Yet a storage device capable of holding a 20-MW charge and ramp rate of 10 MW per minute could offer its full 20 MW of capacity. Thus, Beacon Energy had provided data showing that its 1-MW energy storage flywheel could provide more than four times as much frequency regulation service to the New England market (0.48 MWh vs. 0.11 MWh) as would a 1-MW resource with an allowable ramp rate of 1 MW per 5-minute period.

A study from the Pacific Northwest National Laboratory had shown that fast-ramping storage technologies (batteries and flywheels) could be 17 times more effective than conventional generation in how quickly they might respond to a system imbalance. A study from the California Energy Commission stated that, “on an incremental basis, storage can be up to two to three times as effective [for frequency regulation] as adding a combustion turbine to the system.”

Yet, under the typical RTO pricing structure, the grid would pay each resource the same price — reflecting the fact that each had committed 1 MW of capacity to the regulation market, thus incurring the same measure of lost opportunity costs in terms of energy sales forgone.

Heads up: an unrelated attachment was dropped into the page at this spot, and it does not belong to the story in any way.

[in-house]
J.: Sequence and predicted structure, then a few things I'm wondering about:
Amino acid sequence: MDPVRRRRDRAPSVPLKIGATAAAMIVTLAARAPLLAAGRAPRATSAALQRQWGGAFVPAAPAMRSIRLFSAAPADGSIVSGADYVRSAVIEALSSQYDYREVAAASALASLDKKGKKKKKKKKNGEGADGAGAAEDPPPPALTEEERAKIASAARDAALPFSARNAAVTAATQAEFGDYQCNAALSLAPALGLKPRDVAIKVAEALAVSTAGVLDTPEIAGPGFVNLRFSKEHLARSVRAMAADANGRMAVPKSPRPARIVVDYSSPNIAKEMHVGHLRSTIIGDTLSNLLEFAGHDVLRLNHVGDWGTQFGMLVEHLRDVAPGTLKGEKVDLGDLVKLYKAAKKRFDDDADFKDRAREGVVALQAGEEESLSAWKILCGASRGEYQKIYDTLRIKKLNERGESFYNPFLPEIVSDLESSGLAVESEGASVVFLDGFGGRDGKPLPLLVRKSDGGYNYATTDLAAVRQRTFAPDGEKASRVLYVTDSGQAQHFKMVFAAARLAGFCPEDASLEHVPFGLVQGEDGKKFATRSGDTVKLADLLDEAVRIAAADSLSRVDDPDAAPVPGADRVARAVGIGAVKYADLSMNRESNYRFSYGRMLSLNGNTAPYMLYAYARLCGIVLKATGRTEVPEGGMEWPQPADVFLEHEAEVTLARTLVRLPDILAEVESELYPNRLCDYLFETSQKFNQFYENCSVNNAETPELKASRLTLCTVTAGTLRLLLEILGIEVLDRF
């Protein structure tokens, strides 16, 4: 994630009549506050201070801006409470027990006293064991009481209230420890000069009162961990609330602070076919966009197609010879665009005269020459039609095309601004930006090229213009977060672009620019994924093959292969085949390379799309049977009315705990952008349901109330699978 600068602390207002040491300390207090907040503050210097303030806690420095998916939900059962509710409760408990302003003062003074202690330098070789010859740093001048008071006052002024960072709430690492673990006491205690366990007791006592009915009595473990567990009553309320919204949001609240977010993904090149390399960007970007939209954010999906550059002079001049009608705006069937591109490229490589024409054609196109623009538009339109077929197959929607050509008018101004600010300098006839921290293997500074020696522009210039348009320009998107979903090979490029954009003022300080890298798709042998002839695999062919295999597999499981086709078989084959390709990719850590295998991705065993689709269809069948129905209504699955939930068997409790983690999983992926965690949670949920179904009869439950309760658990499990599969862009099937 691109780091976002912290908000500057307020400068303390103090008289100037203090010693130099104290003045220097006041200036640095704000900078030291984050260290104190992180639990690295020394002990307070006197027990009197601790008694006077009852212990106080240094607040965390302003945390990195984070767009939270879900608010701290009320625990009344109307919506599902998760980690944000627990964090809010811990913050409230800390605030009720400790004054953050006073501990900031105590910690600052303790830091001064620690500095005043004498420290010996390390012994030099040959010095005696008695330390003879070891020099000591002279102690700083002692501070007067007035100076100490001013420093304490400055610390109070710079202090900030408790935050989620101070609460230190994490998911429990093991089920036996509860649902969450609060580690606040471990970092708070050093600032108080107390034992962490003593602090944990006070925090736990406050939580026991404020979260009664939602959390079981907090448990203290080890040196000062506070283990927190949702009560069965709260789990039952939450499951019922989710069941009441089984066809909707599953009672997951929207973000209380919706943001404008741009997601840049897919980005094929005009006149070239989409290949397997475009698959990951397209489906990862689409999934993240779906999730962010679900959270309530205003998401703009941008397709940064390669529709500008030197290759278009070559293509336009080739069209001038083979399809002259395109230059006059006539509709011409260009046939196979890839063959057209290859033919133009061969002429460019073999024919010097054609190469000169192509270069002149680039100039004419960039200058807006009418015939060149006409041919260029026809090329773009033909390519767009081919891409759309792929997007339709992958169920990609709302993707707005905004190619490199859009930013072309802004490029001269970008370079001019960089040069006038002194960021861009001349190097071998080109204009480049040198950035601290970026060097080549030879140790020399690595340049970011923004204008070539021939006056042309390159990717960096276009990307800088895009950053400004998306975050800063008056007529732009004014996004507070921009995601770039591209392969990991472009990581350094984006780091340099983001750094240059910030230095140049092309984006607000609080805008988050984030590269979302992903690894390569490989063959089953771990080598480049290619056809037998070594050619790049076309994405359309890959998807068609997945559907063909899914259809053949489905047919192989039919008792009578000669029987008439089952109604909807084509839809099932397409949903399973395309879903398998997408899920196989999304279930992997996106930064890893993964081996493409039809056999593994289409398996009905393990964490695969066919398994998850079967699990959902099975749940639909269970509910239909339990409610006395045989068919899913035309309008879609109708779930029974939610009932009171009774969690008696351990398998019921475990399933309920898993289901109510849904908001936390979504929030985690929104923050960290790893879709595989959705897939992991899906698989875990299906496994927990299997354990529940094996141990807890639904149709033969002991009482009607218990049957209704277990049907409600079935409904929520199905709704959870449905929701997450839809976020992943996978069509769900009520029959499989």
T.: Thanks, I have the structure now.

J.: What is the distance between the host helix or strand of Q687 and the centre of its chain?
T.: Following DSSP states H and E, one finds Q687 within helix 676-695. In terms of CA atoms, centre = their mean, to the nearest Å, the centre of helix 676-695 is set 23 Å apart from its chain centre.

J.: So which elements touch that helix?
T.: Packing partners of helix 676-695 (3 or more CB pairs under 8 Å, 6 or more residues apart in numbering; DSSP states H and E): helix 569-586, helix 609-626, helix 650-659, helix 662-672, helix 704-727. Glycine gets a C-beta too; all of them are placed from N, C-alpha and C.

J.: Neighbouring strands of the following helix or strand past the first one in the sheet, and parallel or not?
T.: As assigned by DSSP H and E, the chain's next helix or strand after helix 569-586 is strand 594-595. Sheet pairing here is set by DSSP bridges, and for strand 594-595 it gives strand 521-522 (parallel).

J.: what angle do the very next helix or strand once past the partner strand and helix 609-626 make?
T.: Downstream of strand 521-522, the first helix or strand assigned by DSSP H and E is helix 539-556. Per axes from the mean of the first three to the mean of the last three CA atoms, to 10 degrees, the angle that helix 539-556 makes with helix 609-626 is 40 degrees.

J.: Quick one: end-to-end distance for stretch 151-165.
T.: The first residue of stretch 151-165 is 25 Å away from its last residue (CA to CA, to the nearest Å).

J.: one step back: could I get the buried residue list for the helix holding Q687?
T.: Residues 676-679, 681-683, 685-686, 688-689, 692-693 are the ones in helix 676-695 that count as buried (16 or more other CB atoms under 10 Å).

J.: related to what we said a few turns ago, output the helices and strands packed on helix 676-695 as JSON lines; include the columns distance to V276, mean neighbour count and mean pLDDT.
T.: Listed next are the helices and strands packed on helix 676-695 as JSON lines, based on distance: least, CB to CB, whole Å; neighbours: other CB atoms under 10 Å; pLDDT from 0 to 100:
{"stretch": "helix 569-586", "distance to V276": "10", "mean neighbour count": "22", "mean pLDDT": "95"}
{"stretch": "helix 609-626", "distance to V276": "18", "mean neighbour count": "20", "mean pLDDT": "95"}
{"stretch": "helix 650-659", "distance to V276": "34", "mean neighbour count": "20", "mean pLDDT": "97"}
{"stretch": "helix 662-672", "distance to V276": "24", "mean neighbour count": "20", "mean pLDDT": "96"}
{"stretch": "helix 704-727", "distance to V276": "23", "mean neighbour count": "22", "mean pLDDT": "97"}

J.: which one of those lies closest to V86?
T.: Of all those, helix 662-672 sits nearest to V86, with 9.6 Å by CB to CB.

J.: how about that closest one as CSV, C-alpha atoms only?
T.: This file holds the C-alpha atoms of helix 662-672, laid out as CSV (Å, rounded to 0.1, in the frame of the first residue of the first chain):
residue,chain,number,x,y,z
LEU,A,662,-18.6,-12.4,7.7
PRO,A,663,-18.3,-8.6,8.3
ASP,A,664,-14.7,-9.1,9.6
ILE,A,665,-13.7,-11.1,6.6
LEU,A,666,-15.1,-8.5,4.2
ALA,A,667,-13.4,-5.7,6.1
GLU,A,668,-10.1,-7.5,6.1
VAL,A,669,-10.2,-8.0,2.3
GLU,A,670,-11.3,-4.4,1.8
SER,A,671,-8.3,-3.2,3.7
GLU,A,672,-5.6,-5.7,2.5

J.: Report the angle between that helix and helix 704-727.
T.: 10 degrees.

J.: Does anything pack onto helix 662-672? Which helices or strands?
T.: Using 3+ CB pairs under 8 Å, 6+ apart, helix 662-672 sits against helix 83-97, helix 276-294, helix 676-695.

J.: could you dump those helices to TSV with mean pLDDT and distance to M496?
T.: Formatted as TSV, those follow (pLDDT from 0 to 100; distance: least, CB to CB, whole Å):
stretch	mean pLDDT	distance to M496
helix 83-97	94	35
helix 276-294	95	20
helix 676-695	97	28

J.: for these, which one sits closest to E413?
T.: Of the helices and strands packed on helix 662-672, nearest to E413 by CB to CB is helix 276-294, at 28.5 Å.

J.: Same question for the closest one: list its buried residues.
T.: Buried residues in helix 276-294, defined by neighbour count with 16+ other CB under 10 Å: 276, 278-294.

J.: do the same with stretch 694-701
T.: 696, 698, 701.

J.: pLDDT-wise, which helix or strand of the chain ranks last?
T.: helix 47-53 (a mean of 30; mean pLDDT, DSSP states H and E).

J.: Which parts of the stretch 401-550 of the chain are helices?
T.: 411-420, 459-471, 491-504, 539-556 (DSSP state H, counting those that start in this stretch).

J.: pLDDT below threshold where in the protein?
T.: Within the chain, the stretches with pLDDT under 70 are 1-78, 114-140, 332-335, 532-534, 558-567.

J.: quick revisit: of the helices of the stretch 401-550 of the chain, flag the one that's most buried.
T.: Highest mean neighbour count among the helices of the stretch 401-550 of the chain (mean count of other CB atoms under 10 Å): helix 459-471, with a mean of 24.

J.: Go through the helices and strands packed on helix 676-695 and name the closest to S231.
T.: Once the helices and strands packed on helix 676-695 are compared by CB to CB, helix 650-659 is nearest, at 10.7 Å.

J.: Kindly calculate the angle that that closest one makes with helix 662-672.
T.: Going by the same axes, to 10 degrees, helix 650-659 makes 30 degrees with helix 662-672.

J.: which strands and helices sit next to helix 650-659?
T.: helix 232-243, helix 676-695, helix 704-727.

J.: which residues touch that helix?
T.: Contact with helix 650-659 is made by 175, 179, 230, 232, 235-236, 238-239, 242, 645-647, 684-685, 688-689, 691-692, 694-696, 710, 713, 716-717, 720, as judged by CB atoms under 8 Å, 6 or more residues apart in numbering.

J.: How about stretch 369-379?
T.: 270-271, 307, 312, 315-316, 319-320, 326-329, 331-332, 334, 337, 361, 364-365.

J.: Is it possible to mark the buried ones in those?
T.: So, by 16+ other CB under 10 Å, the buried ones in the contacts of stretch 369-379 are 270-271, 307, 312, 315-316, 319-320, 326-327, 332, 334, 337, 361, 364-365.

Mileage Up & Down

FERC also cited market inefficiencies concerning the practice of energy netting versus so-called “mileage” rates. As a frequency imbalance may be positive or negative, dispatchers at five-minute intervals call on generators providing regulation service either to inject or withdraw energy. RTO pricing structures generally net those injections and withdrawals in calculating an energy payment to regulation suppliers.

However, as FERC explained, dispatchers in fact may reverse their over short timeframes (asking for withdrawal rather than injection), and so a slower-ramping resource may fall behind in responding to the dispatcher’s signal, thus “overshooting” dispatch instruction, and thus causing the resource to work against the need of the system, forcing the system operator to commit additional resources to frequency regulation. Thus, FERC will require RTO pricing structures to pay frequency regulation suppliers for their full mileage — the full amount of useful energy they supply in response to dispatch requests, in terms of electrical “work” performed in moving frequency up or down.

Measuring Opportunity Costs

In its technical details, FERC’s new rule forbids RTOs from paying for regulation only according to the offered capacity. Rather, RTOs must now offer a two-part payment, reflecting both (1) capacity value, as reflected by a uniform energy market clearing price and the lost opportunity cost of not selling energy into the market (multiplied by the ramp rate, in MW/minute), and (2) and the total “mileage” or electrical work performed in response to dispatch signals, as again keyed to a uniform energy market clearing price times to total absolute movement in MW-hours for frequency “up” and “down” service, without netting.

However, RTOs likely will find the new rule difficult to comply with in calculating opportunity costs keyed to a uniform clearing price.